- “Experts say mixing vaccines, or sequential immunization, might boost effectiveness. Researchers in Britain are studying a possible combination of Pfizer-BioNTech and the AstraZeneca vaccine.”
U.S. drugmaker Regeneron said it would seek approval from federal authorities for its coronavirus antibody cocktail.
- The drug was shown to reduce the risk of symptomatic infections in people living with someone sick with the virus, Erin Cunningham reports.
- The drug gained prominence after it was used to treat Trump when he was sick last year. The FDA has granted it emergency use for mild and moderate covid-19 patients.
Hot on the left
The AAPI Victory Fund is launching an operation to improve understanding of the nation’s fastest-growing electorate. “The top political organization representing Asian Americans and Pacific Islanders is forming a policy-focused arm in response to new engagement in their community following a year of racially motivated attacks, record voter turnout in the 2020 election and the killings last month of six Asian women in Atlanta,” Colby Itkowitz and Amy B Wang report. The PAC announced the creation of the new nonprofit group this morning, which is “aimed at developing a greater understanding of the complex and nuanced population that has long been excluded from conversations about issues such as racial justice, economic disparity and politics generally. …
“Part of the group’s mission will be to dispel the ‘model minority’ myth that persists around the Asian population that they are well educated and successful and thus don’t require the same attention as other marginalized groups,” our colleagues write. “You can’t understand the experience of Asian Americans through a single lens like aggregate income or educational achievement; instead, a more multifaceted understanding will help highlight areas that still remain quite challenging, like political representation,” said Janelle Wong, an AAPI Victory Fund board member and professor of Asian American studies at the University of Maryland.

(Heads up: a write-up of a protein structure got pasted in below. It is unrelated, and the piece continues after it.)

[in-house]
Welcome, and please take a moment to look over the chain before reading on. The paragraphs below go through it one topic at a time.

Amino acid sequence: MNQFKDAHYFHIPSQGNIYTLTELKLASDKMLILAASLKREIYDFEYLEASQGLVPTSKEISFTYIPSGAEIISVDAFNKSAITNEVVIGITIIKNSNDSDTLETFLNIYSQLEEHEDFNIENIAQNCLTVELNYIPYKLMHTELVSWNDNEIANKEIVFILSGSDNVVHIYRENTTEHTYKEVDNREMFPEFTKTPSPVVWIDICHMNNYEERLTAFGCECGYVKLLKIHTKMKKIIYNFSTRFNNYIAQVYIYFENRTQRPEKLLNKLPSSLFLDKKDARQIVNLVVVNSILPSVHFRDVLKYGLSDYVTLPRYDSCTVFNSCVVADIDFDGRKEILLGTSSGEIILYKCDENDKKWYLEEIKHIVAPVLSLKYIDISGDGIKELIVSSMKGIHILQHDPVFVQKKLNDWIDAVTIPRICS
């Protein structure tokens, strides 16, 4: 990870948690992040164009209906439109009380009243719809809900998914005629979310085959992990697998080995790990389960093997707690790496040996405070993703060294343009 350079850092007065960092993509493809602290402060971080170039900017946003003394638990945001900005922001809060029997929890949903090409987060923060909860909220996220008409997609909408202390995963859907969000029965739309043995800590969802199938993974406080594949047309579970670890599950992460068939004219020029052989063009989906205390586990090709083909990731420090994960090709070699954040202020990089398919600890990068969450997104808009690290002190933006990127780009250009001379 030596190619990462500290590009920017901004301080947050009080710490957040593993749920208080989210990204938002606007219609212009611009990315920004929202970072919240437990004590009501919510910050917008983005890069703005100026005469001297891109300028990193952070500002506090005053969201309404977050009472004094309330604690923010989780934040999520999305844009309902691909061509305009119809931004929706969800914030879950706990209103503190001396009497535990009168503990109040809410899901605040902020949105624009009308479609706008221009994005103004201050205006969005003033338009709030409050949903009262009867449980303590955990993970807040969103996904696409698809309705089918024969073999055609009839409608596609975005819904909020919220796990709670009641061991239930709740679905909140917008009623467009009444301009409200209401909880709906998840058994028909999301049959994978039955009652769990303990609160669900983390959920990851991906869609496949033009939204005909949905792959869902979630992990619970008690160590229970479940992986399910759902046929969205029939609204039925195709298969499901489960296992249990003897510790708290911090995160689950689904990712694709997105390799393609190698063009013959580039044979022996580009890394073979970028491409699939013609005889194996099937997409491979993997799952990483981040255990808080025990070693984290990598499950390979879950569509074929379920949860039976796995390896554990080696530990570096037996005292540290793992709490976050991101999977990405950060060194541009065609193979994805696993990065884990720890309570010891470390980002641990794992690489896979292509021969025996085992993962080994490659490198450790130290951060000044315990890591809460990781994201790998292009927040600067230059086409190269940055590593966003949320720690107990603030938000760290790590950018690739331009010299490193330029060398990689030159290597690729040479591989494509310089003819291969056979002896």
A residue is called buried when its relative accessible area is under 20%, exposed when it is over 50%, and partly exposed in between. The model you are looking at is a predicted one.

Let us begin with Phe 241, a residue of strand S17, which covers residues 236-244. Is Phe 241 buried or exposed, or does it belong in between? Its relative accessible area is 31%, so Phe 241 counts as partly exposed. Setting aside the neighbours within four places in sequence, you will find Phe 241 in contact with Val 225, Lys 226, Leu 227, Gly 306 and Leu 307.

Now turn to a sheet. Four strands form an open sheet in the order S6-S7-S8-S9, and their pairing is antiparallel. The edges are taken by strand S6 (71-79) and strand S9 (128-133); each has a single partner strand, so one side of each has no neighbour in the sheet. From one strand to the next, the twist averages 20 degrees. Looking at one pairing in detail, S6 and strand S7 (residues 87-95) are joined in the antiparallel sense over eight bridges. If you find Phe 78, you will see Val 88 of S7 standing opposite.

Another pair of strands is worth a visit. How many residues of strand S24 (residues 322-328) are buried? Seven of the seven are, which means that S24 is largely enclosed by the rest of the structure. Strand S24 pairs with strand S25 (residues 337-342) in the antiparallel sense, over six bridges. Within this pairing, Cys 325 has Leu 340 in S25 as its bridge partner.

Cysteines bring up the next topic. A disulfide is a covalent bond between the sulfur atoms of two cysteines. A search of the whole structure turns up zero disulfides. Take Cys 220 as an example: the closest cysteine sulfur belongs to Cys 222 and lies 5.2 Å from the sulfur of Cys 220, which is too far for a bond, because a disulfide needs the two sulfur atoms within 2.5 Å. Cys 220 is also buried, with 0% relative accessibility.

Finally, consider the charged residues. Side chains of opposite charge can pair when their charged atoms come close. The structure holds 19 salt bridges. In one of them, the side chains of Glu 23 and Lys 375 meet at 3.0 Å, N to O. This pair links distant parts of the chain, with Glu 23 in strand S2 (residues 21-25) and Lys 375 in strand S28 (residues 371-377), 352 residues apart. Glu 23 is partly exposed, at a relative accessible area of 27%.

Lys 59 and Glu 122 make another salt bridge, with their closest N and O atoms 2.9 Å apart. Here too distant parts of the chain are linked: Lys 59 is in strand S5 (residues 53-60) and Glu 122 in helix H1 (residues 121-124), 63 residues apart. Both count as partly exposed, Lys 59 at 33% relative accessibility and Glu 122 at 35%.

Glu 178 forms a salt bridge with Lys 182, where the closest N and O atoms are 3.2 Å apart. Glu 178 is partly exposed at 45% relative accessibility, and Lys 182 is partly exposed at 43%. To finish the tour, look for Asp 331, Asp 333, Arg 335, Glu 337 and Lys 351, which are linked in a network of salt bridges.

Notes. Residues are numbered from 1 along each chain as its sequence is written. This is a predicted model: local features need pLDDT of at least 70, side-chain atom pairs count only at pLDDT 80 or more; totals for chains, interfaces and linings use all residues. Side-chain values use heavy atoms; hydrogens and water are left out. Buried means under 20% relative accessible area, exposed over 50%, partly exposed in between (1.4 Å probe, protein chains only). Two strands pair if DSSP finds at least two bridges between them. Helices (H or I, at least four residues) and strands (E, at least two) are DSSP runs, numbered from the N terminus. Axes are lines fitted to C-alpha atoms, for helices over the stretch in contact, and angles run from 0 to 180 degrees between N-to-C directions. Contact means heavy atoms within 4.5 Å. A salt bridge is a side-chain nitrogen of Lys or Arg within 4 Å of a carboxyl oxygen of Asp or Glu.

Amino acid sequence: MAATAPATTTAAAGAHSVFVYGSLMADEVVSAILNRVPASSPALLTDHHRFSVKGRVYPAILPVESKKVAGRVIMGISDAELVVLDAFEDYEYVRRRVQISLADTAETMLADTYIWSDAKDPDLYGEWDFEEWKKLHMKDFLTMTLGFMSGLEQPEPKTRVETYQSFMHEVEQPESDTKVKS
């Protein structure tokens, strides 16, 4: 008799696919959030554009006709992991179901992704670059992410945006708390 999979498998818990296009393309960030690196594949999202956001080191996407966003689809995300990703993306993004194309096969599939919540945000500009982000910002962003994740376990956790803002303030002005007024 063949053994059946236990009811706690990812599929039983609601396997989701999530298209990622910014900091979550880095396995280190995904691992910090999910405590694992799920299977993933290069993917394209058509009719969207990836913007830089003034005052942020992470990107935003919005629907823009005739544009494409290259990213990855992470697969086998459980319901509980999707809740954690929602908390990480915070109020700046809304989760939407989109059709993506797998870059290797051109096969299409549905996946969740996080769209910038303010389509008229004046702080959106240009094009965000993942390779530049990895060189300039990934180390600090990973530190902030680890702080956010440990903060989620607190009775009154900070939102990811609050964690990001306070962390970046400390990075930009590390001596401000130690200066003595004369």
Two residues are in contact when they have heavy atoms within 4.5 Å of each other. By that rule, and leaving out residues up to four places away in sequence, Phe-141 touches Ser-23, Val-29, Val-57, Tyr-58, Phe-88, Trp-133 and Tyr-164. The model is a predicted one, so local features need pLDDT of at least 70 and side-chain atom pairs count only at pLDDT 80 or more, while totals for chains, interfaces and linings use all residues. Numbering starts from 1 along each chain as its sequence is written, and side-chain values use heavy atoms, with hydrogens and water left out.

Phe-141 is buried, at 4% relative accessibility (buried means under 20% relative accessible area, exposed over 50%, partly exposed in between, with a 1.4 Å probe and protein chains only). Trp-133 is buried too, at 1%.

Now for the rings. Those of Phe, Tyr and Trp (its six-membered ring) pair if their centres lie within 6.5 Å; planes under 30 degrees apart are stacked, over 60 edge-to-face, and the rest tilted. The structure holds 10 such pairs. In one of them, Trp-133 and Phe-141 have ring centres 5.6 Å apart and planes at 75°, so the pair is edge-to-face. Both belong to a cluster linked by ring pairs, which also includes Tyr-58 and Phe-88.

Hot on the right
Sen. John Cornyn (R-Texas) is questioning Biden and his media strategy. Citing this Politico story, Cornyn speculated that Biden's media strategy – which has so far included few television interviews and largely scripted tweets – raises the question of whether the president is in charge.
Sequences of coronavirus, visualized
The nation dramatically stepped up its surveillance for coronavirus variants in recent weeks, but experts say there’s much further to go if the country wants to stay ahead of new and potentially dangerous versions of the virus, Erin Cox and Jenna Portnoy report.
Today in Washington
Biden will join a virtual summit meant to address a shortage on semiconductors today at noon. He and Harris will meet with the bipartisan group of lawmakers to talk about the $2 trillion infrastructure and jobs plan at 1:45 p.m.
John Oliver explains why America's long-term care needs fixing: